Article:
Small Hydro Capacity Project investment in India is facing a number of challenges, not least of which are prohibitively high interest rates. However, there are opportunities to develop successful small hydropower projects based on cash fow, a detailed due diligence and realistic expectations from both developers and their backers. DAVID APPLEYARD, Chief Editor
India’s scope for hydropower development is vast.
Close to 150 GW of theoretical potential exists in
the country today, with an estimated 84 GW of economically exploitable capacity, according to fgures
from the Central Electricity Authority (CEA). Simultaneously, there is a large population of rural poor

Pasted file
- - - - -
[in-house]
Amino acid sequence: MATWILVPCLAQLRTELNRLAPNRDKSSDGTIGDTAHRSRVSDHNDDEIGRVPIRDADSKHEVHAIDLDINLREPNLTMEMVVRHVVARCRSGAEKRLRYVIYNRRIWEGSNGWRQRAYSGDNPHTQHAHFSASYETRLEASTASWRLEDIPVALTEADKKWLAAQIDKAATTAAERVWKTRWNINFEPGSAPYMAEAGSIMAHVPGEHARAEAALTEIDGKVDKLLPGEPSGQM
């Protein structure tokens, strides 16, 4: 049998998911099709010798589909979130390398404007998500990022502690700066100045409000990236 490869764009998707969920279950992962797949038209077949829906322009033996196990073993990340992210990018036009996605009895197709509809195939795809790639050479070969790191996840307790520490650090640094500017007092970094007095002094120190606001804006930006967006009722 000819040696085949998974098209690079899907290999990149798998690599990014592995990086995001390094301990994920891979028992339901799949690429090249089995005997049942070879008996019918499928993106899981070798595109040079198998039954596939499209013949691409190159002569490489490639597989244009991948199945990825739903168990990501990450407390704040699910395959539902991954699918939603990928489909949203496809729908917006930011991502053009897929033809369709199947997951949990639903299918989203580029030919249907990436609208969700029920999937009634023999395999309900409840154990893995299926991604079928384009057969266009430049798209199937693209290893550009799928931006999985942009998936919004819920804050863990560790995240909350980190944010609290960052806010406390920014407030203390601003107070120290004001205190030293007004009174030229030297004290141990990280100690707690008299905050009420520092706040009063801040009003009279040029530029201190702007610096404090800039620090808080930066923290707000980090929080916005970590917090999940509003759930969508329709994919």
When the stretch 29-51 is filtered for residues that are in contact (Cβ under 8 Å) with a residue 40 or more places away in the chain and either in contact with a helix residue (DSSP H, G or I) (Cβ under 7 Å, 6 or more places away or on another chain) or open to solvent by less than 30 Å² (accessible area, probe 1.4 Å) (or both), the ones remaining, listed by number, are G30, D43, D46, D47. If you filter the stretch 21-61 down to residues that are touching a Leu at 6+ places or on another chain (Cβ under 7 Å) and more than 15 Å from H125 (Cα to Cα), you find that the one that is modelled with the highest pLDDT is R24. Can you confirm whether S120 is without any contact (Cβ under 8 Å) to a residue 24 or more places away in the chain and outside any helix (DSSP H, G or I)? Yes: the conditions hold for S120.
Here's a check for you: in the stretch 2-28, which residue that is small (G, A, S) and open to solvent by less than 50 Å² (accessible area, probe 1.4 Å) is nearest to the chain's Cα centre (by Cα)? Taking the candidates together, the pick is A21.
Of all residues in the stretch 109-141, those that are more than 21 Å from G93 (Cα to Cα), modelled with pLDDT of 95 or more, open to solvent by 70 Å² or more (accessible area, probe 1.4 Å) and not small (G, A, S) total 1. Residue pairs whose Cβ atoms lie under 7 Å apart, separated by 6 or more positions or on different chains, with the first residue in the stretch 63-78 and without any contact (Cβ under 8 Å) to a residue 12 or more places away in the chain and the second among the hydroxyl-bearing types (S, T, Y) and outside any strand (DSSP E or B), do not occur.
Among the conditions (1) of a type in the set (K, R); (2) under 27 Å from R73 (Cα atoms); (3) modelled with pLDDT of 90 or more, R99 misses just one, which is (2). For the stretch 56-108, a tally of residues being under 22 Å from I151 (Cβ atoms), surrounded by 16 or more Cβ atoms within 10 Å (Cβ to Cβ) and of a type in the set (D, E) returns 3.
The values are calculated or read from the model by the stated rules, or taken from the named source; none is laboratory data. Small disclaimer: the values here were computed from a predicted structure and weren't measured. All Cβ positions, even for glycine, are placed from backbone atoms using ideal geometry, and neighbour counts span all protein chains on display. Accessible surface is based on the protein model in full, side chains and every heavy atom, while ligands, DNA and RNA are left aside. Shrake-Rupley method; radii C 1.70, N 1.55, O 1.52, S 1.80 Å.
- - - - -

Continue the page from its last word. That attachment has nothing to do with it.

with no access to grid electricity, an existing peak
load defcit estimate at around 10 percent and a rapidly growing economy — and with it an associated
increase in power demand.
Indeed, India’s economy reportedly grew at its slow-
However, there are a number of structural issues
est pace in a decade during the 2012-2013 fnancial
year, but still clocked up a 5 percent growth rate over
the year. Prime Minister Manmohan Singh report-
edly expressed confdence that the country’s economy
would bounce back to an “ 8 percent growth rate.”
CEA projects electricity demand to increase by
around 40 percent by 2016-2017 and just about dou-
ble by 2021-2022.
that impact on the country’s ability to develop large
capital-intensive projects like large-scale hydropower